If David Sloan Wilson is implying that conservatives are not open to new ideas about increasing the size of the pie because they are obsessive about increasing their slice of the pie then it follows that they are unlikely to be open to expanding their understanding of a fundamental aspect of money’s nature. They will struggle to understand that money like our DNA coding mechanism is a “conceptual communication system,” that it allows labor to be instructed to use resources to produce goods and services including the social exchange of goods already produced or indeed benefit from the social effects of services already funded (e.g. improved policing). This failure leads to not seeing that a healthy economy requires an optimal of money of money for both active spending and prudent saving. Accordingly the lack of conservatives “openness” has to be framed by progressives as detrimental to advancing an economy just as obsessiveness with part of the pie rather than the whole pie is too.



LRWray | December 14, 2012 at 9:23 am
Schofield: I like the wilson point on the pie–it has always been the conservative approach to “distribution”: a fixed pie so if I get more, you get less. I also like your analogy to DNA–could be something important there for developing the alternative framing.


Schofield | December 14, 2012 at 9:47 am
The phrase “conceptual communication system” for one aspect of money’s utility is a straight lift from the following article:-http://www.toriah.org/articles/abel-2004.pdfIt seemed to fit since I was interested in exploring what we know about any rational argument concerning the origin of cooperation at the molecular and cell level of life. Precious little it would appear. But since money is a social technology that helps us to cooperate with each other to meet our needs then so is DNA coding to help cells survive and meet their objectives.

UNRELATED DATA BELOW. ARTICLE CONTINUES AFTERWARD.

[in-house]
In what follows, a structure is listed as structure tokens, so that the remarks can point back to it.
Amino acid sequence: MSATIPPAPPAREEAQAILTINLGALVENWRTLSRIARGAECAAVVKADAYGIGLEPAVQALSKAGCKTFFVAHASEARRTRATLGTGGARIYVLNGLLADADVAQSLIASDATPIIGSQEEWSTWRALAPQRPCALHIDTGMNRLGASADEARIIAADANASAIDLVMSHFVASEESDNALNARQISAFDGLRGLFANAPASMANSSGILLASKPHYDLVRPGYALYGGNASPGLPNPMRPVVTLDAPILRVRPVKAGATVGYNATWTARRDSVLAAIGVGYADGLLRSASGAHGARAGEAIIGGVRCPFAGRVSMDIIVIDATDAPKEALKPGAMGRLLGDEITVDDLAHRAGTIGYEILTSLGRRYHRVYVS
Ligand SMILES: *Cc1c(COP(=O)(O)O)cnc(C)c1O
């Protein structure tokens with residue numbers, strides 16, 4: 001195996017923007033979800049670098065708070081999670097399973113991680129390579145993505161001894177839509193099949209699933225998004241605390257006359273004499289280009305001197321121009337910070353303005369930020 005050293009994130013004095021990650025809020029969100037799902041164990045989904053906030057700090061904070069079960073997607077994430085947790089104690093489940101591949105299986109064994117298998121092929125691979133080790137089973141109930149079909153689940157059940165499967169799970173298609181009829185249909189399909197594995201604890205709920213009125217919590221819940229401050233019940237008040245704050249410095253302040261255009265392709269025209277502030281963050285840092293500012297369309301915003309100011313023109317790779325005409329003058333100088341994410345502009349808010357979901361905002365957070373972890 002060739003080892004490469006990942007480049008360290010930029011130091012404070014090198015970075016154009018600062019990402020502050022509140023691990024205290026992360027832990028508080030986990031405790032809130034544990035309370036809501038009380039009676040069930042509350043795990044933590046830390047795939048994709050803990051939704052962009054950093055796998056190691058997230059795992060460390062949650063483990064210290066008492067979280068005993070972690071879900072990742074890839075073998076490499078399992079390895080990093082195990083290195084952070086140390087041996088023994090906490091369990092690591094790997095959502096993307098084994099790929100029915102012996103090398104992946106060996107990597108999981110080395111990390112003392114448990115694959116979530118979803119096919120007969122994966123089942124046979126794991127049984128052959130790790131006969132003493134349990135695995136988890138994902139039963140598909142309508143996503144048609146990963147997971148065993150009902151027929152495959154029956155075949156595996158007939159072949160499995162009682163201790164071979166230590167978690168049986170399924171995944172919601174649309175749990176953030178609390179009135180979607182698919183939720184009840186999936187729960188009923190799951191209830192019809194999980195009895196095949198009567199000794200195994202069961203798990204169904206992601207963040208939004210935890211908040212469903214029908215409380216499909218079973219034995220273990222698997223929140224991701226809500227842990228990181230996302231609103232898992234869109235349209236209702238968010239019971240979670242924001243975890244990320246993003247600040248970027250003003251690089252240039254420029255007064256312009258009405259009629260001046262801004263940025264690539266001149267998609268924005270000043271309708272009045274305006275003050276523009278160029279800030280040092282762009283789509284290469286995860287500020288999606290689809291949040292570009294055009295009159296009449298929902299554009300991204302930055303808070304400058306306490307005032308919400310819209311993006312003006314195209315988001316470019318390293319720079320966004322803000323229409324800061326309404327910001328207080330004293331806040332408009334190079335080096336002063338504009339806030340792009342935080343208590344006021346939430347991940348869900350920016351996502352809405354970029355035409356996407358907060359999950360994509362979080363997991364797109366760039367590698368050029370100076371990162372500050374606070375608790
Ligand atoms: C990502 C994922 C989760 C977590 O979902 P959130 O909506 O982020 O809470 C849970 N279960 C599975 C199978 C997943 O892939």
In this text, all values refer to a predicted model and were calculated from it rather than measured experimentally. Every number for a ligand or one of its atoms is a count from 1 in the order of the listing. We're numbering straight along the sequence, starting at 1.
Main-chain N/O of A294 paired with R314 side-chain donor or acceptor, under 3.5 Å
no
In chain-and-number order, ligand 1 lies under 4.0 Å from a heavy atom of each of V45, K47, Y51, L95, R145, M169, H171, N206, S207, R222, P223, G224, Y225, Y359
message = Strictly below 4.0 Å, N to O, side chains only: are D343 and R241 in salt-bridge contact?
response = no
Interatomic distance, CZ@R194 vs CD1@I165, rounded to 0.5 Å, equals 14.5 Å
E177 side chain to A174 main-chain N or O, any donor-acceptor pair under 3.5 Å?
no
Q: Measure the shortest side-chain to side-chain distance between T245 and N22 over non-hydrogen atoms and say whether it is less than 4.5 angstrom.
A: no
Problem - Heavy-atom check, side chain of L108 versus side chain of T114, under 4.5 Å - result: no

Schofield | December 14, 2012 at 10:27 am 
To paraphrase Trevors and Abel in their article referenced about the property of “value” in money relates to the operation of a “linear digital algorithmic program.” So a simply coded program would incorporate the understanding that if too much money is injected into an economy relative to resources availability “value” will tend to fall and vice-versa. Additional coding, for example, could support Steve Keen’s observation about economic performance being related to income and the quantity of increase or decrease in private debt but it obviously also impinges on money’s “value.” A good algorithmic program would obviously help determine the parameters affecting “value” and clearly this relates to Wynne Godley’s life-time’s work on Sectoral Accounting Balances. So money is like DNA it’s subject to algorithmic programming.

Thursday, December 13, 2012

George Lakoff on Michigan's Corporate Servitude Law

Language works so that the conservative name "right to work" evokes the conservative political ideology in the brains of those who hear it without wincing. The more an idea is activated in the brain the stronger it gets. Thus, the use of the conservative name strengthens the conservative ideology in the brains of the public.